- by New Deal democrat
Since Bonddad, along with everybody else, has already weighed in, let me put in my $.02 about the Reinhart and Rogoff bombshell.
First of all, you should take everything that you have read about this story since it broke - including this post - with multiple grains of salt (with the exception of the spreadsheet error, which Reinhart and Rogoff have admitted to. Supposedly, however, the spreadsheet error only changes the ultimate result as to highly indebted countries by 0.3%. The other two criticisms - which have to do with methodology and potentially cherry-picking - have a much larger impact on the results.). That's not because the revelations are false, but rather because nobody has had time to give the revelations sober reflection. After a week or two, it may turn out that the scale of the story is accurate. Or there may be less to the story than initially meets the eye. Or the repercussions could be even bigger (particularly if the suggestion that the authors cherry-picked their data turns out to be the truth). It's never sexy to wait until the dust settles, but in matters like this (and just like not jumping to conclusions about the Boston Marathon bombing), boring is better and more accurate.
But let's proceed with the assumption that all three criticisms of the Reinhart and Rogoff study are appropriate and accurate, as is the contention that Reinhart and Rogoff supposedly refused to share their raw data until recently.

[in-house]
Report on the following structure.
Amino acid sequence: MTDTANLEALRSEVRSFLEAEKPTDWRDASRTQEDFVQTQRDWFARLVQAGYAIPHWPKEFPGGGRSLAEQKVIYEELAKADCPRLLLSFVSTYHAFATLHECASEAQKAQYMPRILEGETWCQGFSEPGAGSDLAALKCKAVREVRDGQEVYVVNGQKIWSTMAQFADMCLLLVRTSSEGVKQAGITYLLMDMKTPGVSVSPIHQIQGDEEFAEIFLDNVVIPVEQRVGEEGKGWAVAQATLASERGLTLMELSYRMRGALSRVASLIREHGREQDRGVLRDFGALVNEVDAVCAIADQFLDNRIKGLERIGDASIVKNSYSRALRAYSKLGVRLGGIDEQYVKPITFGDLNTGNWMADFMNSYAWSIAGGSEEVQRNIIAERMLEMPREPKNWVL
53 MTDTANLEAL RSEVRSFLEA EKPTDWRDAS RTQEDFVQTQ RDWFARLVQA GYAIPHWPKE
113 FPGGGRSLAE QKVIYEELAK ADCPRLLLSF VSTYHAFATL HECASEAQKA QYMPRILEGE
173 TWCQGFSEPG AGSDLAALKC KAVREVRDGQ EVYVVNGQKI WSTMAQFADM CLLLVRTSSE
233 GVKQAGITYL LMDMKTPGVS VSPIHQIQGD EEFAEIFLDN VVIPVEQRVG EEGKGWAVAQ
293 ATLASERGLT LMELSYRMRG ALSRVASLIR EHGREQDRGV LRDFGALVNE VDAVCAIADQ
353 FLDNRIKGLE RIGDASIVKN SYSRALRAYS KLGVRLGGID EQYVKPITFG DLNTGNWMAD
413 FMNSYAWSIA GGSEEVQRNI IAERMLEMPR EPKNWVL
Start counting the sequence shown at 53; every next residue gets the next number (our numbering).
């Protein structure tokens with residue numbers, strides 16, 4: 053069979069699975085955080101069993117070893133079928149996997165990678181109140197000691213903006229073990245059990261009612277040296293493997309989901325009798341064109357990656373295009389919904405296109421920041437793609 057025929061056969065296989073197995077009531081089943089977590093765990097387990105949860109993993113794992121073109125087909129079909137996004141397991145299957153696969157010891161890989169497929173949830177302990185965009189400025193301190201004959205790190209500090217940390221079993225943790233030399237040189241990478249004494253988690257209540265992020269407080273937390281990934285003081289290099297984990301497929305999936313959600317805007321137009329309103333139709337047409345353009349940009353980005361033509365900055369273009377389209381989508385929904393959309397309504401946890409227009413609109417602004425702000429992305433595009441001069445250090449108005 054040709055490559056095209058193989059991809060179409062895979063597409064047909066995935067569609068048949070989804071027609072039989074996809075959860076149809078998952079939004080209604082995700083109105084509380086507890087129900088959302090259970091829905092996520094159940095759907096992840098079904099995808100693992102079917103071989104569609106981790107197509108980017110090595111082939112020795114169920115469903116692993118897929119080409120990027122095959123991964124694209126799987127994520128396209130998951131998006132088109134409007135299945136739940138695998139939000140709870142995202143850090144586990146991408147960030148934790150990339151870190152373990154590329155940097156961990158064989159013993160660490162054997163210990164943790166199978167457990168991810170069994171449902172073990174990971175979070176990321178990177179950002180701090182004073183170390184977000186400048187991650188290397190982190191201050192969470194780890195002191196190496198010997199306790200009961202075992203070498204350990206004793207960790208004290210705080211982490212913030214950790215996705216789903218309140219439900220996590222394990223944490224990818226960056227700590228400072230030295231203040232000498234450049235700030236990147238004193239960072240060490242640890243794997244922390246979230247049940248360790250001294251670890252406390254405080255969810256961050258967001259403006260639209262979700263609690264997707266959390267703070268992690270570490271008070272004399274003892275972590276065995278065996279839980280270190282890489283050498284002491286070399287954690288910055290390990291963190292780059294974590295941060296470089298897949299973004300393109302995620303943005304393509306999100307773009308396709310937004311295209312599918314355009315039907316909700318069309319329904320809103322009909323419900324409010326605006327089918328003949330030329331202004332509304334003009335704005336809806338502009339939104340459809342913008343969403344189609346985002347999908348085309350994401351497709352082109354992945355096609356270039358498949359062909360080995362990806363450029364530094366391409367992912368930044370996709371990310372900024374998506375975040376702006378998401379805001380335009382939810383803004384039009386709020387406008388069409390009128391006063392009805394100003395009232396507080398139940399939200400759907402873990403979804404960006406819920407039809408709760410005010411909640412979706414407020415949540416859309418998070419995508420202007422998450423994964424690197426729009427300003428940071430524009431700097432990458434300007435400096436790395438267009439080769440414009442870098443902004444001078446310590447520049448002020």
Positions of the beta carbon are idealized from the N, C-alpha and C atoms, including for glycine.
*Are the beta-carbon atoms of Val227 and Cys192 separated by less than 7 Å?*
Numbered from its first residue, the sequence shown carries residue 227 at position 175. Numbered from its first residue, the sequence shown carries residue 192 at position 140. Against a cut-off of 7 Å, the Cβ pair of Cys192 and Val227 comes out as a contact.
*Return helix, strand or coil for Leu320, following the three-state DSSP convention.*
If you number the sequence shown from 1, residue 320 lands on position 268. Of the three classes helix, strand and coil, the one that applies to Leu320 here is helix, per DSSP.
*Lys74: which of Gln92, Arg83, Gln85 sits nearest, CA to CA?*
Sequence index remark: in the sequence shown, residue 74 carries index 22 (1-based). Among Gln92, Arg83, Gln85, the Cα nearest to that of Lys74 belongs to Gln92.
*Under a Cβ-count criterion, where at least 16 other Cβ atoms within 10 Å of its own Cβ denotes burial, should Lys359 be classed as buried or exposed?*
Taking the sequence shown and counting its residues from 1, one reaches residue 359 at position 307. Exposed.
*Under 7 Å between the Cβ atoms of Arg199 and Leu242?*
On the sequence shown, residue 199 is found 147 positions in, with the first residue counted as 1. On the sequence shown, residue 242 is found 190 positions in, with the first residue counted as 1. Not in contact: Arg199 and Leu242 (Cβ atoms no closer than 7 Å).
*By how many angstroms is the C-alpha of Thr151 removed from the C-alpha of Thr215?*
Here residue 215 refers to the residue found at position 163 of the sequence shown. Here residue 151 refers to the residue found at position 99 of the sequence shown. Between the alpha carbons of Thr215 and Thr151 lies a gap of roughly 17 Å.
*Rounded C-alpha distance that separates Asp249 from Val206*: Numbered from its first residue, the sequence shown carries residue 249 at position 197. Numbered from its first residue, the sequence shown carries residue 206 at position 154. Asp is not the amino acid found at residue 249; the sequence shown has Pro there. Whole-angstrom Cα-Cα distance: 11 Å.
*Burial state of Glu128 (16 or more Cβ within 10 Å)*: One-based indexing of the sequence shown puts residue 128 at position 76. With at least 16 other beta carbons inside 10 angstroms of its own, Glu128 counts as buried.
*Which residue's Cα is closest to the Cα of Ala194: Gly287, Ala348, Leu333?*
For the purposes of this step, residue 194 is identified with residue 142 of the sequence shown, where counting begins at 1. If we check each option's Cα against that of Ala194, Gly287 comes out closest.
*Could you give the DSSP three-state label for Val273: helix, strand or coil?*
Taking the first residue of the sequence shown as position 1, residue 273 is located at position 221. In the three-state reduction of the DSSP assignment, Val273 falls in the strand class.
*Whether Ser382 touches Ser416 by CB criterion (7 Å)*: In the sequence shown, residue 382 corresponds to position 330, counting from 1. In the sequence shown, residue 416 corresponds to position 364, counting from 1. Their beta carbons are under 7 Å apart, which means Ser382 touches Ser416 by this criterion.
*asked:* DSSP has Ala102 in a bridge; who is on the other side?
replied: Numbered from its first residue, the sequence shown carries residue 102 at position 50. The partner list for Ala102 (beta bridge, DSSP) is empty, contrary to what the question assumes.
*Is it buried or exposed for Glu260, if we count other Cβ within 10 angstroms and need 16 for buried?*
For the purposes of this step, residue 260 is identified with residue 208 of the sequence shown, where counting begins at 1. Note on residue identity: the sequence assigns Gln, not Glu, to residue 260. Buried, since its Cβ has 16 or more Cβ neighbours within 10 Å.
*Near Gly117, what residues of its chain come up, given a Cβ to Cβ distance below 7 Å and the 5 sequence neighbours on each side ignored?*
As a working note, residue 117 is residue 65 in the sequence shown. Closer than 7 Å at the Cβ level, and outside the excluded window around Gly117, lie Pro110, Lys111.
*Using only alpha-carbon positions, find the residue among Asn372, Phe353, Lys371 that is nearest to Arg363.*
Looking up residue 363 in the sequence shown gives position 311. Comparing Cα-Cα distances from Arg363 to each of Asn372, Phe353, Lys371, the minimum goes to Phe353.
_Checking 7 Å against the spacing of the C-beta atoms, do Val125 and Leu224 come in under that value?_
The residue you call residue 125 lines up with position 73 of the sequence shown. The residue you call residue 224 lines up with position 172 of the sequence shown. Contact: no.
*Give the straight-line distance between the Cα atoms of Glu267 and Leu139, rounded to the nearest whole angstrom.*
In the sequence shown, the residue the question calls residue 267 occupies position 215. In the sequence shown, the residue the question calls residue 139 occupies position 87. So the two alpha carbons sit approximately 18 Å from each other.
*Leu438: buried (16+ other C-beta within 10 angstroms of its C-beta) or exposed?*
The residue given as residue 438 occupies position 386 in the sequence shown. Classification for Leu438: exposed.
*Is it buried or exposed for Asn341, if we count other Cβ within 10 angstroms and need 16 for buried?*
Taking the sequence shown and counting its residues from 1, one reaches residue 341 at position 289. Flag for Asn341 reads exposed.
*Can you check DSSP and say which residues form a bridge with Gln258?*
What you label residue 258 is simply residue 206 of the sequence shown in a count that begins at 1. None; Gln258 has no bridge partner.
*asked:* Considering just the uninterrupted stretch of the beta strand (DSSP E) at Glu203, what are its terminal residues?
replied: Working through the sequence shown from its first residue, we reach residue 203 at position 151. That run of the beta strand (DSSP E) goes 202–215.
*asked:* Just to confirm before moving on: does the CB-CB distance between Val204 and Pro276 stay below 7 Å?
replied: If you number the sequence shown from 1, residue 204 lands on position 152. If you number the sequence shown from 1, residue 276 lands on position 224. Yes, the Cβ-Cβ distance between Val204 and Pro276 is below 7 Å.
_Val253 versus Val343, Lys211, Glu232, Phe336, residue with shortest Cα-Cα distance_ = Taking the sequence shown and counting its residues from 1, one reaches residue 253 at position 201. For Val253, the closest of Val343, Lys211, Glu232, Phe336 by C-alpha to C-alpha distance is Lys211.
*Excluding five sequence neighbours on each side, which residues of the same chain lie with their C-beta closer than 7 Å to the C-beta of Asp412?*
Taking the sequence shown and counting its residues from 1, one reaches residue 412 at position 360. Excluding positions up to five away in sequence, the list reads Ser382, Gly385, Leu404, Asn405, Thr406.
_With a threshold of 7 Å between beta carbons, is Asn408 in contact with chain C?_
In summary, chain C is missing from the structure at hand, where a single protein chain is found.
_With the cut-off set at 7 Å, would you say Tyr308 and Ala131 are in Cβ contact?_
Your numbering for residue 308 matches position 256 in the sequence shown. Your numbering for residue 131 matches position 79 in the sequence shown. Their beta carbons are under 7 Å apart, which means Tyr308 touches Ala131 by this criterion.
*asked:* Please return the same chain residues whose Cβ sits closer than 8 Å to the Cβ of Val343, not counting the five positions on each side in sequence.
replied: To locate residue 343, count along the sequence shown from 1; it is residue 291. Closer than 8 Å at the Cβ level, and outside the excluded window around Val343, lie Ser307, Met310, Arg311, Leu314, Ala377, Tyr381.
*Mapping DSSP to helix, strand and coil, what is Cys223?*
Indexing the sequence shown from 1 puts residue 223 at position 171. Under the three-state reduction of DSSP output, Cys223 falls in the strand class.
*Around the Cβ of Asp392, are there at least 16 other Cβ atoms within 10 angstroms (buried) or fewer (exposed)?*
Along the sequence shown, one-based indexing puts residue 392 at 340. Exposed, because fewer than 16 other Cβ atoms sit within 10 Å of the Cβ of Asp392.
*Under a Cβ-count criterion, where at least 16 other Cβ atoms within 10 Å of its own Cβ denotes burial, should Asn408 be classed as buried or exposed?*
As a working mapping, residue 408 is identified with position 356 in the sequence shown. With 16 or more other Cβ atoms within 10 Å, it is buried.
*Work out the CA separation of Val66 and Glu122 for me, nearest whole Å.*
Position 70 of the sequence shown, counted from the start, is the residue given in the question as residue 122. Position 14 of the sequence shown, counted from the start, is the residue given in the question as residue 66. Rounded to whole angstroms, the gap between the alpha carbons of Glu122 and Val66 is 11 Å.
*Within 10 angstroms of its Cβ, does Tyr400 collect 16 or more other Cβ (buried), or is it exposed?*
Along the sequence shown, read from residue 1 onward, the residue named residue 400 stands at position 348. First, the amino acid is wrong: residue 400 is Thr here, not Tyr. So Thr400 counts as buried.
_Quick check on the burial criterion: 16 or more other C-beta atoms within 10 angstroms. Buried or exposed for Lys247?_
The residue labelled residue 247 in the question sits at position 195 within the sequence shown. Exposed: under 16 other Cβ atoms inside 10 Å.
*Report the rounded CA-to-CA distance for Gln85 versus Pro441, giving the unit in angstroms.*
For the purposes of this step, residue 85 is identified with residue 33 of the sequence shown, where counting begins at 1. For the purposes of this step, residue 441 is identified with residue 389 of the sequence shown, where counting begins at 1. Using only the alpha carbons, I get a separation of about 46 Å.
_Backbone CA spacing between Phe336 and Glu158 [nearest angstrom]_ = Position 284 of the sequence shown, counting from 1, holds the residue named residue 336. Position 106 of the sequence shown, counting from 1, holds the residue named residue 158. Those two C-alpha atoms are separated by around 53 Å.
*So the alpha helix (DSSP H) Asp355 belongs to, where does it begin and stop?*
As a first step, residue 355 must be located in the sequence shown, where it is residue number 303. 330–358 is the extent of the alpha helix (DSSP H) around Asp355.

If this were a study in physics or biochemistry or psychology, there would almost certainly be major reputational consequences. But far more importantly, if the results of a major study were found to be substantially flawed in a way that almost completely undercut the claimed results, professionals in the field would change their minds, or at least be far more measured and circumspect in their conclusions as to the point in question.
So this controversy is a case study as to the nature of the economics profession itself. If the critique holds up, does anybody change their mind? If nobody changes their mind; if no economist who supported austerity based on Reinhart and Rogoff so much as qualifies their opinion; then it will be evidence that economics - at least as practiced by broad swaths of the discipline - is not science, since data and results do not cause a change in underlying ideologies.
So this isn't an "Emperor has no clothes" moment for Reinhart and Rogoff alone, or just economists supporting austerity. This is an "Emperor has no clothes" real live test of a large portion of the profession of economics itself.
From Bonddad: what NDD said.